Faux DIY Marble Countertops for Under $100

Last weekend, I posted on Instagram about how bored I am with our home’s aesthetic and how I am ready for another renovation project. J & I have been discussing installing hardwood floors, painting our cabinets, and installing new counter tops. While all of that is really exciting, I couldn’t help but feel a little sad, because we pulled off a really amazing low budget DIY renovation when we moved into this home in 2017. It wasn’t perfect and it was very low budget, but we put lots of blood, sweat, and tears into it and although it was difficult at the time, I look back on it fondly. So, today, I want to share my favorite project: how I managed to turn our ugly forest green counter tops into pretty white “marble” ones. This was one of the biggest DIY challenges I’ve personally tackled and replacing them will definitely be bittersweet.

diy marble painted countertop

how to fake white marble countertops for less than $100

First, I would like to share what we were working with, because the difference between the before and after is STARK, ya’ll. That dark green laminate with dark green painted backsplash just wasn’t going to cut it for me, though. We had such a TINY budget at the time because we were essentially living on one income while I was in grad school, so replacing them wasn’t really an option at the time.

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For my diy marble countertop transformation, I used:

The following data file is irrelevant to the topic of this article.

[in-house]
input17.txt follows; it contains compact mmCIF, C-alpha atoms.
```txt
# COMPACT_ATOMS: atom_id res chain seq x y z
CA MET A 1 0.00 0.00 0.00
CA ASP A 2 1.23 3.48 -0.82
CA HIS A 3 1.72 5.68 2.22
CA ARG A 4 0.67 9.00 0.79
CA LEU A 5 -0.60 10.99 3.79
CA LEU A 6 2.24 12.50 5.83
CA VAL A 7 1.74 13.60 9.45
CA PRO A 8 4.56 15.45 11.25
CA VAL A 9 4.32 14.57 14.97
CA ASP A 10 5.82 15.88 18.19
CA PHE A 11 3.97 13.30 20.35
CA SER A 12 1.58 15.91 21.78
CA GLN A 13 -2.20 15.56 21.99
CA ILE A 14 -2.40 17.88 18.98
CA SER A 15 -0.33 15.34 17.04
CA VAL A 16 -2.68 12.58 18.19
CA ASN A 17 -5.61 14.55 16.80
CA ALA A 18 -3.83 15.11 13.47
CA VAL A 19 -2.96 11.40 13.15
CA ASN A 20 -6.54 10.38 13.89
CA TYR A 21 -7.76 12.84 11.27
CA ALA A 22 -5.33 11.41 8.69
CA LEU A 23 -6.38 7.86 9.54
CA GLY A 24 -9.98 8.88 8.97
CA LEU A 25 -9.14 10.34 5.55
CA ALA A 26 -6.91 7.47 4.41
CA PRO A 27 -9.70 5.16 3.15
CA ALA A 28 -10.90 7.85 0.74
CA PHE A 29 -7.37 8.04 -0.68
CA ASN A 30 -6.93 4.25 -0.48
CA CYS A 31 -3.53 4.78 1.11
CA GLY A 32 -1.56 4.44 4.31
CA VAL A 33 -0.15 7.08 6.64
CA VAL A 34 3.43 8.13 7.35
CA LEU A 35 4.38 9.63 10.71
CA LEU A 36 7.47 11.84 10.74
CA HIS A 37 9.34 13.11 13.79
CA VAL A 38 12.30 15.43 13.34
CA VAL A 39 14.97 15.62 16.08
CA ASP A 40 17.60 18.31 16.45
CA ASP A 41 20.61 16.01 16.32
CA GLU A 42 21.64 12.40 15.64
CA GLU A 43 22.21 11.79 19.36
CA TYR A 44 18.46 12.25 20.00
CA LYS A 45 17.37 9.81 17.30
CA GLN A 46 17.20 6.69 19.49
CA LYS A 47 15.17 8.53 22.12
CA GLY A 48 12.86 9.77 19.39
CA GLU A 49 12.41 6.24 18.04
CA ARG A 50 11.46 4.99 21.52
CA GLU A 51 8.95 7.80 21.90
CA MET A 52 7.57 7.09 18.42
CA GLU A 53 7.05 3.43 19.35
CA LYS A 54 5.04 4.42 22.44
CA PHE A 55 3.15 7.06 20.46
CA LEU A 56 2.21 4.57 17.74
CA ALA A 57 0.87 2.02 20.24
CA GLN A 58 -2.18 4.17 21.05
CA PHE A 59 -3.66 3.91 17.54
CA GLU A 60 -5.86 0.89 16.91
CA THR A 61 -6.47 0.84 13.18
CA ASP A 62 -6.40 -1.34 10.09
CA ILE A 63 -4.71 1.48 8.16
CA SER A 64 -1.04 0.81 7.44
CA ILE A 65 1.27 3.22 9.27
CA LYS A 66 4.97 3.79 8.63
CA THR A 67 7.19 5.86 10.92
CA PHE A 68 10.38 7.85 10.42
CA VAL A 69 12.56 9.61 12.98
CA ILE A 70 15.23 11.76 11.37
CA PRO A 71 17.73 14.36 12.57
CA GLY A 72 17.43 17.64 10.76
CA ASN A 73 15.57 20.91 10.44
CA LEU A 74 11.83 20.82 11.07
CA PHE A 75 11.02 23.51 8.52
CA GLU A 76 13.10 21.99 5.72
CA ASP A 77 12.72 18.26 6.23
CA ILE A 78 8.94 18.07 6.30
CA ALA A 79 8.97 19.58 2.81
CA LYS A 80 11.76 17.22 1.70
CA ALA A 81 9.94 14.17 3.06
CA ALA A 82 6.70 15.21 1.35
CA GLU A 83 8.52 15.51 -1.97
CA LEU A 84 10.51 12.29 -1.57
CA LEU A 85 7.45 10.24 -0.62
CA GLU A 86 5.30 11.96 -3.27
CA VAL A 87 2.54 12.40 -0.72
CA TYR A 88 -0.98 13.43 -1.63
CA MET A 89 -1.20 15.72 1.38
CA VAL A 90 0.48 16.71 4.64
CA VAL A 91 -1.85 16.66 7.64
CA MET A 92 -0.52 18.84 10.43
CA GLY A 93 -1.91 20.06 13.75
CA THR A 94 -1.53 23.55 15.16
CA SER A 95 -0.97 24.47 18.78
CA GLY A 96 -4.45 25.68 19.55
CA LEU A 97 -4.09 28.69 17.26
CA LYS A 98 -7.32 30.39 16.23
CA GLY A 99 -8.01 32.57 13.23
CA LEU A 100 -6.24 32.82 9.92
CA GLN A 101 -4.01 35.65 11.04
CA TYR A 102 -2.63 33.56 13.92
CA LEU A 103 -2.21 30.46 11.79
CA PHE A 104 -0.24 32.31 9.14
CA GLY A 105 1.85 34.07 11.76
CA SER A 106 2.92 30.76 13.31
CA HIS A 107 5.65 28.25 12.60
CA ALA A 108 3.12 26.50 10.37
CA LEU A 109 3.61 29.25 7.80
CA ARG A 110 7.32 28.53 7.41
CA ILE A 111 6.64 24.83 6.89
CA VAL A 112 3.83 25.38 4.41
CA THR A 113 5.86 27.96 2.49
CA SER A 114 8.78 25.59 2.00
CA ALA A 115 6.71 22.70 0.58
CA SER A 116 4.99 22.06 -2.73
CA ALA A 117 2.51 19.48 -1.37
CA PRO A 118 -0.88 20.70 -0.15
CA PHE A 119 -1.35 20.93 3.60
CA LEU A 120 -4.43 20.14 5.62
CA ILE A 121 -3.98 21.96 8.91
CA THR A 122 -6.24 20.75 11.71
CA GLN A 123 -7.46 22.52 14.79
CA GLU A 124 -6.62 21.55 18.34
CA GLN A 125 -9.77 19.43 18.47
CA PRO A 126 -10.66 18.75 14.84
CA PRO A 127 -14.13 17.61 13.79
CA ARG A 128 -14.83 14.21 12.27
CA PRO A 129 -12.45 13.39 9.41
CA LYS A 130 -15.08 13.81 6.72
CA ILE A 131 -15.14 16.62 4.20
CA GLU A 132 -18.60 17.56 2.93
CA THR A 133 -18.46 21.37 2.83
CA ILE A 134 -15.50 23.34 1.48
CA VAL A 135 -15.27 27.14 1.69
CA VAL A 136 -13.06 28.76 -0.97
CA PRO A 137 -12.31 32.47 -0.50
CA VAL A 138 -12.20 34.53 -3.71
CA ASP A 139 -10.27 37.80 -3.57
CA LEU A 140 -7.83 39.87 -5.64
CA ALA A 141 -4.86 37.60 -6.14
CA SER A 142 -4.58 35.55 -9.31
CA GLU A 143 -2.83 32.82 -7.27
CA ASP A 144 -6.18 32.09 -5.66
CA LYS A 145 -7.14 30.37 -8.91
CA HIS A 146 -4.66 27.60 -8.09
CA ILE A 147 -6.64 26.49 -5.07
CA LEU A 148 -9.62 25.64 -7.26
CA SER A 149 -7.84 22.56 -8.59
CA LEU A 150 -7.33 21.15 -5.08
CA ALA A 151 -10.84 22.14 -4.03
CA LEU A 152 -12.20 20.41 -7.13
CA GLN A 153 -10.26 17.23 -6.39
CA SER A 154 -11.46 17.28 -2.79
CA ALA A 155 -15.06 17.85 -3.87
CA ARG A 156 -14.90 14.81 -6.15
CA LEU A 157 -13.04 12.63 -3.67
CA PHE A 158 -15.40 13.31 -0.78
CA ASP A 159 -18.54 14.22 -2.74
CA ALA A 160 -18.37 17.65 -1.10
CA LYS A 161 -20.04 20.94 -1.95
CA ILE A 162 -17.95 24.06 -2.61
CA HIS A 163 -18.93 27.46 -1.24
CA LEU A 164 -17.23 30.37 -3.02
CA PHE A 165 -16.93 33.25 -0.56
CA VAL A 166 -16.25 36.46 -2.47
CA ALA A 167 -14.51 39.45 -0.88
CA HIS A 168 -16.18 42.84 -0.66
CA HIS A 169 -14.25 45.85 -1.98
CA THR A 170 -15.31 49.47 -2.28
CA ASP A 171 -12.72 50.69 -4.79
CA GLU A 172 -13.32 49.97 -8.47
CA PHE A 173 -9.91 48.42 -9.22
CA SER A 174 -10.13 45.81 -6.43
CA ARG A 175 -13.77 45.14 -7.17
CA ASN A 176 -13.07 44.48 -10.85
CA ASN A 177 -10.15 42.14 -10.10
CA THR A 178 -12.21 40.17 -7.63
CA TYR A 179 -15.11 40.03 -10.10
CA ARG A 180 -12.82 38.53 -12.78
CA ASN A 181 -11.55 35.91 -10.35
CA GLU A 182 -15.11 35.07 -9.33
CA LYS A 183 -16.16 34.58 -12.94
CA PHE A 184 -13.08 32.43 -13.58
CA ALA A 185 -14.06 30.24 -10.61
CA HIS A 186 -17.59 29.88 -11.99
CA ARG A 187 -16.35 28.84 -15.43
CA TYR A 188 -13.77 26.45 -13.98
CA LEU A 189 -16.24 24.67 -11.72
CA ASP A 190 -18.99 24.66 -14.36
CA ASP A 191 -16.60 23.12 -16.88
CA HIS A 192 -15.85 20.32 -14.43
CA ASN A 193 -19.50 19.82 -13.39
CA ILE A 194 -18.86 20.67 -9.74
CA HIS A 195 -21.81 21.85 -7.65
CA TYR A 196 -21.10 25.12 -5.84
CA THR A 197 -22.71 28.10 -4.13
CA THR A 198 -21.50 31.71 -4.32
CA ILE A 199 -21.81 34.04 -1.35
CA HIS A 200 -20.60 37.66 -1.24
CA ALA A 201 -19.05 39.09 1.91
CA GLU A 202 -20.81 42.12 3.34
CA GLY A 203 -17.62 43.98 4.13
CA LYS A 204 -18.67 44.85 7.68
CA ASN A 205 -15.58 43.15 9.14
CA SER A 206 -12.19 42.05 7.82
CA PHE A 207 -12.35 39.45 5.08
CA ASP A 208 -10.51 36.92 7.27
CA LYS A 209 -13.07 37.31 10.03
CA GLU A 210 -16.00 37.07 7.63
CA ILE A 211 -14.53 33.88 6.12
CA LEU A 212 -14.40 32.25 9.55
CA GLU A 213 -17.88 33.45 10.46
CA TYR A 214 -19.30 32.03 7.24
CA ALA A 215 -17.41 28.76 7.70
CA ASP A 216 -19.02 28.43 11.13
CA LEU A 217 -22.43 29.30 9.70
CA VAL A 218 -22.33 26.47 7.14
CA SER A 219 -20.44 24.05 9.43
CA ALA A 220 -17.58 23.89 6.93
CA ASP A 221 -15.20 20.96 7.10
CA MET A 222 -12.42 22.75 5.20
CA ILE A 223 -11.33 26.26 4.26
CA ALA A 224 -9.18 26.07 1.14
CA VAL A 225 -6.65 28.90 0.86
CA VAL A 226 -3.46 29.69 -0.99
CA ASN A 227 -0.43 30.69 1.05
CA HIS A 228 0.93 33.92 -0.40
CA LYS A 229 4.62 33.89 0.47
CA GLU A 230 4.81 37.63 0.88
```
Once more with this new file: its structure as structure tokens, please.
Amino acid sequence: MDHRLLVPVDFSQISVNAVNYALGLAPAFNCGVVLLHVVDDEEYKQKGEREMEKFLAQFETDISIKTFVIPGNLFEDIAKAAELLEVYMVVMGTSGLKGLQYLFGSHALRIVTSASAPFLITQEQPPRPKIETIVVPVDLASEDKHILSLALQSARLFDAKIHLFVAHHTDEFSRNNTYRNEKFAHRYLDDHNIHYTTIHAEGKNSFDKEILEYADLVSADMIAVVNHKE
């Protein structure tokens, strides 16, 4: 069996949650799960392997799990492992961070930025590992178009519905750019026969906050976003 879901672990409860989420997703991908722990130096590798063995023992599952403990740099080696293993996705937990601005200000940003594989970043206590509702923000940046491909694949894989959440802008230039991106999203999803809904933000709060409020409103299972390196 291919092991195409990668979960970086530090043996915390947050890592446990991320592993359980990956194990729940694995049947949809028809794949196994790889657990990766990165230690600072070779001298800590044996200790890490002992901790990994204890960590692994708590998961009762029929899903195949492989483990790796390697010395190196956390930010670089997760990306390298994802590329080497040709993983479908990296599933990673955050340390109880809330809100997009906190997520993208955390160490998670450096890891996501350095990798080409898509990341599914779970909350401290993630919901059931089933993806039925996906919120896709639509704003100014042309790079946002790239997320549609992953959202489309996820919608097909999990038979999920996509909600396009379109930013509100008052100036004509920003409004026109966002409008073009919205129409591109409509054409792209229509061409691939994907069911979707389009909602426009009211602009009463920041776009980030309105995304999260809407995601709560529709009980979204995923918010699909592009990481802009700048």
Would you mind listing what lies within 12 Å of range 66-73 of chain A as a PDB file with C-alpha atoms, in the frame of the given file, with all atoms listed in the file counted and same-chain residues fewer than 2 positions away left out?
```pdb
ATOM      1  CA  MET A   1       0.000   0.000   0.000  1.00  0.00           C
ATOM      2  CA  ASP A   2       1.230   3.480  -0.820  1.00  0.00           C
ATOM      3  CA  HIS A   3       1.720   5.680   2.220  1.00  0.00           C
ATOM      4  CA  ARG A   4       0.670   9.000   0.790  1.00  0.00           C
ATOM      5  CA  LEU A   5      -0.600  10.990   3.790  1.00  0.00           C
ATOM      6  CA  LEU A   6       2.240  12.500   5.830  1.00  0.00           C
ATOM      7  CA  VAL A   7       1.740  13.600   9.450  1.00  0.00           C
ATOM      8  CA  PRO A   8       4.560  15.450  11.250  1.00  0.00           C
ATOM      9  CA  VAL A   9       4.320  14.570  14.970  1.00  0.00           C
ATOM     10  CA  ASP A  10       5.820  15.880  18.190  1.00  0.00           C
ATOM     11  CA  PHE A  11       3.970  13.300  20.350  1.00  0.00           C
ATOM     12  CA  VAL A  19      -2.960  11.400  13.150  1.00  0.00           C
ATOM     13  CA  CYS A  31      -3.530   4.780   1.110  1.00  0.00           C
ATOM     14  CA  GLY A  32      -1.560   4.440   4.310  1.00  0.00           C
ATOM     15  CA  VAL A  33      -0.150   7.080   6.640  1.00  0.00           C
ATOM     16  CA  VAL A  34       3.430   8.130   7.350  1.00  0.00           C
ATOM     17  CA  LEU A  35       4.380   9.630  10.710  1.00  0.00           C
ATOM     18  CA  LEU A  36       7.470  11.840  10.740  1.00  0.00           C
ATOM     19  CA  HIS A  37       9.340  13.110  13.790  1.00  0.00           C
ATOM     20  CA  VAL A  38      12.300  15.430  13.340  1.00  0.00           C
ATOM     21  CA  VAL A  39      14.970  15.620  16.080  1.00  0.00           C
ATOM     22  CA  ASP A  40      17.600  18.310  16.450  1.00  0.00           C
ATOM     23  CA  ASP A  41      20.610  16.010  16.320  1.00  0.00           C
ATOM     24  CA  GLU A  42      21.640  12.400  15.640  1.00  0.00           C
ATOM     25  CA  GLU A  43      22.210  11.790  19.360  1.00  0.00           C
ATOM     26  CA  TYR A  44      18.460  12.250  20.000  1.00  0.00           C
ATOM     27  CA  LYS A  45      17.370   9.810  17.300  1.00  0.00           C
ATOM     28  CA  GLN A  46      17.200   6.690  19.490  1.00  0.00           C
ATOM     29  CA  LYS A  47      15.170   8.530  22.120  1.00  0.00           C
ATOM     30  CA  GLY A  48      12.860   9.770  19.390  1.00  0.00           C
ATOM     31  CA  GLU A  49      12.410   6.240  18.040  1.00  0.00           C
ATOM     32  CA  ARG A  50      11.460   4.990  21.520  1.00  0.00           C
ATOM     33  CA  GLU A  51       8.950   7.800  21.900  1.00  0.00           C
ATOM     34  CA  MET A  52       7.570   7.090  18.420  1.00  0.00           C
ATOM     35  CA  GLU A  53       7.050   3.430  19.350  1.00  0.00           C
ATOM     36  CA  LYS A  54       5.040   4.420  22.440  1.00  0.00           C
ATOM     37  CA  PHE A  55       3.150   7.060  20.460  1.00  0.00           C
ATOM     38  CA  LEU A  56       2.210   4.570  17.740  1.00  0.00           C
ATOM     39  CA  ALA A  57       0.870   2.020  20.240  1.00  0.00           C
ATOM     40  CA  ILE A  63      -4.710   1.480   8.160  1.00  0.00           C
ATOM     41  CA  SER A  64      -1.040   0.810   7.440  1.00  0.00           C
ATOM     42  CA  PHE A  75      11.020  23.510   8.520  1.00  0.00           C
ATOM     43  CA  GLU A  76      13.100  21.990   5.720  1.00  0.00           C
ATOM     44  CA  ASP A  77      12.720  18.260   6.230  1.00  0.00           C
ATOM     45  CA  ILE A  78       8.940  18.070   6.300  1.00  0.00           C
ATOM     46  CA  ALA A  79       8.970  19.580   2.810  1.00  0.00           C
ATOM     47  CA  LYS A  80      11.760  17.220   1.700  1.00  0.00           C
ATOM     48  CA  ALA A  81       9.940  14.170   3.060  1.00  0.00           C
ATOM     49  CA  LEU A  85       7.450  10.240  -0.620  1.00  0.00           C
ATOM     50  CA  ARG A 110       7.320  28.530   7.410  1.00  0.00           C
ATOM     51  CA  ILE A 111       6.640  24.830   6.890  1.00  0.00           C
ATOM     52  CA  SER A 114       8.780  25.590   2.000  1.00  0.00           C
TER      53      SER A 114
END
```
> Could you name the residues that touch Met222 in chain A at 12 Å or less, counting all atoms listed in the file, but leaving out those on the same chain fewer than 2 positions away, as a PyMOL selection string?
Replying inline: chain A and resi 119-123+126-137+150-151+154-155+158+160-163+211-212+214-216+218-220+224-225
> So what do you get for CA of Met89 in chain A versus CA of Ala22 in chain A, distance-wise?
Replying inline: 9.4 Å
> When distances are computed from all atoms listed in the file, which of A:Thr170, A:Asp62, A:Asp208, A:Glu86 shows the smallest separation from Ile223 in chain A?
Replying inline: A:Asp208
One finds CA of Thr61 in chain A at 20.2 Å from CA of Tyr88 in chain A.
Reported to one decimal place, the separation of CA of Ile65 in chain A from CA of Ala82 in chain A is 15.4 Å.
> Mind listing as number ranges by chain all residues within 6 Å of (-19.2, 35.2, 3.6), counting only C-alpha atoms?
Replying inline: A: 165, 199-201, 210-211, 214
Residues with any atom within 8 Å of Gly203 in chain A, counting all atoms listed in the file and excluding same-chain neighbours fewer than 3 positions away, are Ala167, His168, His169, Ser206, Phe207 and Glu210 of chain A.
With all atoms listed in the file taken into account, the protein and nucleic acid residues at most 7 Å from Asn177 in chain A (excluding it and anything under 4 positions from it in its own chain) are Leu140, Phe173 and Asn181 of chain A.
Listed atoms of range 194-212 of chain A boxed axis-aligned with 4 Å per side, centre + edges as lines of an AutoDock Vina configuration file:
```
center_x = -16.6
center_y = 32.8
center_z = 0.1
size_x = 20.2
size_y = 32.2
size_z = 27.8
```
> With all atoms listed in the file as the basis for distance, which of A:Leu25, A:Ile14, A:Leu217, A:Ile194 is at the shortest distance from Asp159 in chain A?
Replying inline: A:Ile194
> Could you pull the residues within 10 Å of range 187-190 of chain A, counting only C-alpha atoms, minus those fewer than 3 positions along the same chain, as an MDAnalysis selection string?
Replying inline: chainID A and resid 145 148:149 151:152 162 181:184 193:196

Electric Sander
Trust me, you do not want to sand this project by hand.. it’s well worth the investment. One with a corner might be most helpful for this project.

KILZ Primer
How much you need will depend on how much counter space you have and how dark your current counters are. Mine were dark green and I have a ton of counter space, so I used a little over a gallon. We had a five gallon bucket of it that we used for painting the walls as well.

Grey Acrylic Paints
I got several shades of grey to make the marbling have depth.

Sea Sponges
These will help you create the stone effect.

Pointed Feathers (You can get these at Hobby Lobby with your 40% off coupon oftentimes!)
These will help you create the marbling effect.

Super Glaze Epoxy
This is what seals the counter top and gives it shine! How much you need of this will depend on how much counter space you are covering. A gallon covers 24.8 sq ft.

Paint rollers, paint brushes, old rags, water/water cup, stir sticks, gloves, masks, painters tape and plastic drop cloth also suggested. We had all of those items on hand because we were in the midst of our home renovation.

How To Paint DIY Faux Marble Counter Tops

diy faux marble countertops

Step One:
Prep the area. We put heavy plastic over the cabinets to ensure that they would not be damaged in the process.

Step Two:
Sand counter tops down. You want to get all the shiny finish off so that your paint has something to stick to.

Step Three:
Roll on Kilz Primer. I ended up doing around 6 coats of it. Let each new coat dry before applying another, if you don’t, you will end up rolling the paint OFF.
How many coats you need will depend on how dark your counter top is. The photo shows what it looked like two layers in.

diy marble countertop